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transaction size and commit

 
Rolf Johansson
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Hi:
I need to perform a commit after N records have been inserted. After each insert, I increase a counter, then call commit() if N records are inserted. Is this the most efficient way, or does JDBC have an "internal" way of knowing that N records have been inserted, then "automatically" committing them?
Right now, I have this:



Is there a need for me to keep track of the number of inserts I have done, or can JDBC do that for me and perform the commit for me?
Thanks.
- Rolf.
 
Shailesh Chandra
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Rolf,

is really your requirement to commit after every n records.
What about transactions.

Suppose you have hundred record and you commit after
every 10 records and just after inserting 55 records
there is an error and there would be 50 records
commited.

how will you keep track of such records.

won't you rollback all inserted statements ???

thanks
Shailesh
[ January 24, 2005: Message edited by: Shailesh Chandra ]
 
Rolf Johansson
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In this case I don't need to rollback. The source data can be re-processed any number of times without damage.

So, my question is, does JDBC have an internal method of automatically committing N records, or do I need to keep track of the number of records inserted and explicitly perform a commit?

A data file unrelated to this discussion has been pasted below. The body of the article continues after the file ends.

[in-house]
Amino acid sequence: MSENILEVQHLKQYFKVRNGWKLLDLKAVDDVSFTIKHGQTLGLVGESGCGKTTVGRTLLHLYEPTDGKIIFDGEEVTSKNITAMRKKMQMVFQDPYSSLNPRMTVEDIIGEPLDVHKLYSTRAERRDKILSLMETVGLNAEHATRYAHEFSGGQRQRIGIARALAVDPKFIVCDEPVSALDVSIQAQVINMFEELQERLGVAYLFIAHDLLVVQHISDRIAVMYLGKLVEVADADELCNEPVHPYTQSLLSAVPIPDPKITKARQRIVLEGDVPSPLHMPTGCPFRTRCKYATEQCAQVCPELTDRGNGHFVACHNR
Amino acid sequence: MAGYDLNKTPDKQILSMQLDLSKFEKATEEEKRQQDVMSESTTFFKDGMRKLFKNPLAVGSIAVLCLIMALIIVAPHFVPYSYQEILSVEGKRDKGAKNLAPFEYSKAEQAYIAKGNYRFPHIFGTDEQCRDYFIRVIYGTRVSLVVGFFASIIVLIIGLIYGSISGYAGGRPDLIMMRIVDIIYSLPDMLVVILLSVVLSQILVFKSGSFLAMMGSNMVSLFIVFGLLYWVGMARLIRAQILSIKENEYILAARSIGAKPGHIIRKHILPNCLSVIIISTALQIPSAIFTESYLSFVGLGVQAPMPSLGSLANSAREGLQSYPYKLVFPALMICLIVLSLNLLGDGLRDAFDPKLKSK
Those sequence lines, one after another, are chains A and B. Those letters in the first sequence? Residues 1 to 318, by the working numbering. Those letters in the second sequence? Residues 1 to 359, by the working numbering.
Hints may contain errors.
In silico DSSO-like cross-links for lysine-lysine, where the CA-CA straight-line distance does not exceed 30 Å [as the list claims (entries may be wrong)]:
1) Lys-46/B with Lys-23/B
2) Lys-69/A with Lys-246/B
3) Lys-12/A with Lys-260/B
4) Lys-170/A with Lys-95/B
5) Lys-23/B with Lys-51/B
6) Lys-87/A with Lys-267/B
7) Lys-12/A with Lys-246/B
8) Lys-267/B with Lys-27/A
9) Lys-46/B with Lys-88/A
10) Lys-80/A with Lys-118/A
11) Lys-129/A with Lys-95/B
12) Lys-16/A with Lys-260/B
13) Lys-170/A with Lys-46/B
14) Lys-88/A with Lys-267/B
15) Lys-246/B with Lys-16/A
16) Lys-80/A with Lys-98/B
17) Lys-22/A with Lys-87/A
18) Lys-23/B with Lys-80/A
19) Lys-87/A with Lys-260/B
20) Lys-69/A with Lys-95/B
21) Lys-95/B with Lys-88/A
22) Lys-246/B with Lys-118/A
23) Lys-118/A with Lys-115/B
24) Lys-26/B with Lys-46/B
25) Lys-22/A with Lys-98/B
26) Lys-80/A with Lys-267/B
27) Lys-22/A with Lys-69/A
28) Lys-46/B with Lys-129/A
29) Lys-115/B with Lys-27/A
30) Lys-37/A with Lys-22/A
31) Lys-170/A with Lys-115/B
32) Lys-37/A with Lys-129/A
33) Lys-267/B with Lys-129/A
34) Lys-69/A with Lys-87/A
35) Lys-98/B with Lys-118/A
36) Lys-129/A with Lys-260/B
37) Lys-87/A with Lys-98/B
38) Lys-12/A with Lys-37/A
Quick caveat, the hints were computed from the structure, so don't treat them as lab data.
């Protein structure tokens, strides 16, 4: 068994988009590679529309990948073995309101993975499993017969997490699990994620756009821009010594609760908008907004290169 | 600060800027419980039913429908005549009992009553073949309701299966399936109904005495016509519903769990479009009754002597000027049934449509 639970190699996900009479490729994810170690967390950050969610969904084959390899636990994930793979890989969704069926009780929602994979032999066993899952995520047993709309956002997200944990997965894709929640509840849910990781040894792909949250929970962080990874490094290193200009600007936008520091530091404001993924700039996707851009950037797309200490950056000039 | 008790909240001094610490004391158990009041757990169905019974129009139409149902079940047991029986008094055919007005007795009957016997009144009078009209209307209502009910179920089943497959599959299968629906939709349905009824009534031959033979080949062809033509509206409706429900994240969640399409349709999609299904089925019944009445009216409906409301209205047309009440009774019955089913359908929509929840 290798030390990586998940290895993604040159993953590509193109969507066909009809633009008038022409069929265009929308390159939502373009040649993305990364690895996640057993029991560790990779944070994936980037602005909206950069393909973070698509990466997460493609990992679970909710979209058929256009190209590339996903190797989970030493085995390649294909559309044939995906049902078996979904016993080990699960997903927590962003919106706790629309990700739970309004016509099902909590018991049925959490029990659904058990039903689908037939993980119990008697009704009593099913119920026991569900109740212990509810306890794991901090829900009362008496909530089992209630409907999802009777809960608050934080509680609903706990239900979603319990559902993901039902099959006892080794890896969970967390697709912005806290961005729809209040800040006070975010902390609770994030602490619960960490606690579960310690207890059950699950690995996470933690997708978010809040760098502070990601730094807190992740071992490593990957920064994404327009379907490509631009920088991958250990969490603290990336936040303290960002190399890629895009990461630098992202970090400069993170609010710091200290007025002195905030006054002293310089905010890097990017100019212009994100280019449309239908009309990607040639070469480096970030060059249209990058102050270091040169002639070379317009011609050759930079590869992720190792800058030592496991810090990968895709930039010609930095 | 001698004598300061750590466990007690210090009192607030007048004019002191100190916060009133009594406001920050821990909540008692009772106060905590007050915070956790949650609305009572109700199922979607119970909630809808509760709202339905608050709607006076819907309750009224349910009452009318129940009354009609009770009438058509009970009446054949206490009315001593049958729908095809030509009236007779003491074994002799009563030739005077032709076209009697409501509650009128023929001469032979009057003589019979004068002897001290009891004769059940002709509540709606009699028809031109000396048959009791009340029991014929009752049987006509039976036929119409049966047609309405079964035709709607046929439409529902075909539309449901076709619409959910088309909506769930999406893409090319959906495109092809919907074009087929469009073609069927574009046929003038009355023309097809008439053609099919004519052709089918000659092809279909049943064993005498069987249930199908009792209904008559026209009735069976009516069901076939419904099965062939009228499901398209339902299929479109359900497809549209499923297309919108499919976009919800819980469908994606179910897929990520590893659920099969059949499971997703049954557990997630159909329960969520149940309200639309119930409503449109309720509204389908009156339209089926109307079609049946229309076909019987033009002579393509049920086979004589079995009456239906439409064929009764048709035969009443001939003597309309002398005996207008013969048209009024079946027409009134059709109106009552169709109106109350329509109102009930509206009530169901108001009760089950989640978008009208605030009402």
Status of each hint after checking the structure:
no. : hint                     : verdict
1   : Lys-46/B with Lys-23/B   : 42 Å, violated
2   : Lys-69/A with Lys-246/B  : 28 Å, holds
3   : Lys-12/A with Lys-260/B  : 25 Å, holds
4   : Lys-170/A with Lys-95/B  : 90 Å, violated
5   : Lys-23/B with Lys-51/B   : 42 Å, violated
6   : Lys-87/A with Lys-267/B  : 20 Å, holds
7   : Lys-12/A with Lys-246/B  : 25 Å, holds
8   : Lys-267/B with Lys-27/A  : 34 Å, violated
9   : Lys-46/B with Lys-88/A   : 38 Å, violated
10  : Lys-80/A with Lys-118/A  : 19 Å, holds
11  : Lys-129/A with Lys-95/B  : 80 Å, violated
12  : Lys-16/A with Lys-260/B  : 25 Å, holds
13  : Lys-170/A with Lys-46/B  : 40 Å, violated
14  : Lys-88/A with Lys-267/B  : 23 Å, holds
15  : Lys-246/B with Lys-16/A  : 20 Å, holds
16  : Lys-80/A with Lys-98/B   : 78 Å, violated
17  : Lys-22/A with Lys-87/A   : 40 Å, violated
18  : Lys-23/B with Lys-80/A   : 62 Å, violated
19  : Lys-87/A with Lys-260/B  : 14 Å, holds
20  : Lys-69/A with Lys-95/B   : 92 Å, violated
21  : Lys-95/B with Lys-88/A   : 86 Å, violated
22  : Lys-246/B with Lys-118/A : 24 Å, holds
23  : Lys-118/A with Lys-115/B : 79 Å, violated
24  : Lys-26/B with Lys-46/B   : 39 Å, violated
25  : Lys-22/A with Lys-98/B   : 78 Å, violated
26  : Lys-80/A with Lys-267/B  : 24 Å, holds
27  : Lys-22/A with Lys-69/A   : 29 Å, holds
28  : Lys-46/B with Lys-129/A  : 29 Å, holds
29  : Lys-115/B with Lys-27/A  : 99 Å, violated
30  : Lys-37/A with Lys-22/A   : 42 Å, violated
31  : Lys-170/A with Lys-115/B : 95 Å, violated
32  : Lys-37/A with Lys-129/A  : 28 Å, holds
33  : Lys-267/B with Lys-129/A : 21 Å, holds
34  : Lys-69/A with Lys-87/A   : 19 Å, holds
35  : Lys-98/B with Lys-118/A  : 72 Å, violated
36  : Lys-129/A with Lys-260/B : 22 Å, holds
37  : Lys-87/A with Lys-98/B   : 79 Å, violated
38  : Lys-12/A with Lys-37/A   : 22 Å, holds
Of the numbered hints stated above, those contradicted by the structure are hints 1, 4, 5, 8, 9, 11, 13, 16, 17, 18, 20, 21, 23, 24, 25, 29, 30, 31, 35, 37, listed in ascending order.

Shailesh Chandra
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I dont think there is such facility in JDBC whick commits at every N records.

But in your case I will recommend to use execute batch after you add N records in your statements/prepared statement.

thanks
Shailesh
 
David Harkness
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JDBC now has an executeBatch() method that will increase performance by sending the whole batch to the database at once. I haven't used it (only indirectly through Hibernate), but I bet it's fairly easy to use. It's fairly recent, so depending on your JDK you may not have access to it.

Otherwise, there is no internal mechanism to do what you're doing. Besides, what you're doing (counting insert statements and issuing commit() when you hit the limit) is not inefficient in itself, so I wouldn't worry about it.

What I would definitely do is use PreparedStatements. They will allow the DB to parse the SQL syntax once and then reissue the same statement, substituting new values each time. You prepare the statement with ? placeholders for the parameters outside the loopand then set the parameters and execute it for each iteration.
[ January 25, 2005: Message edited by: David Harkness ]
 
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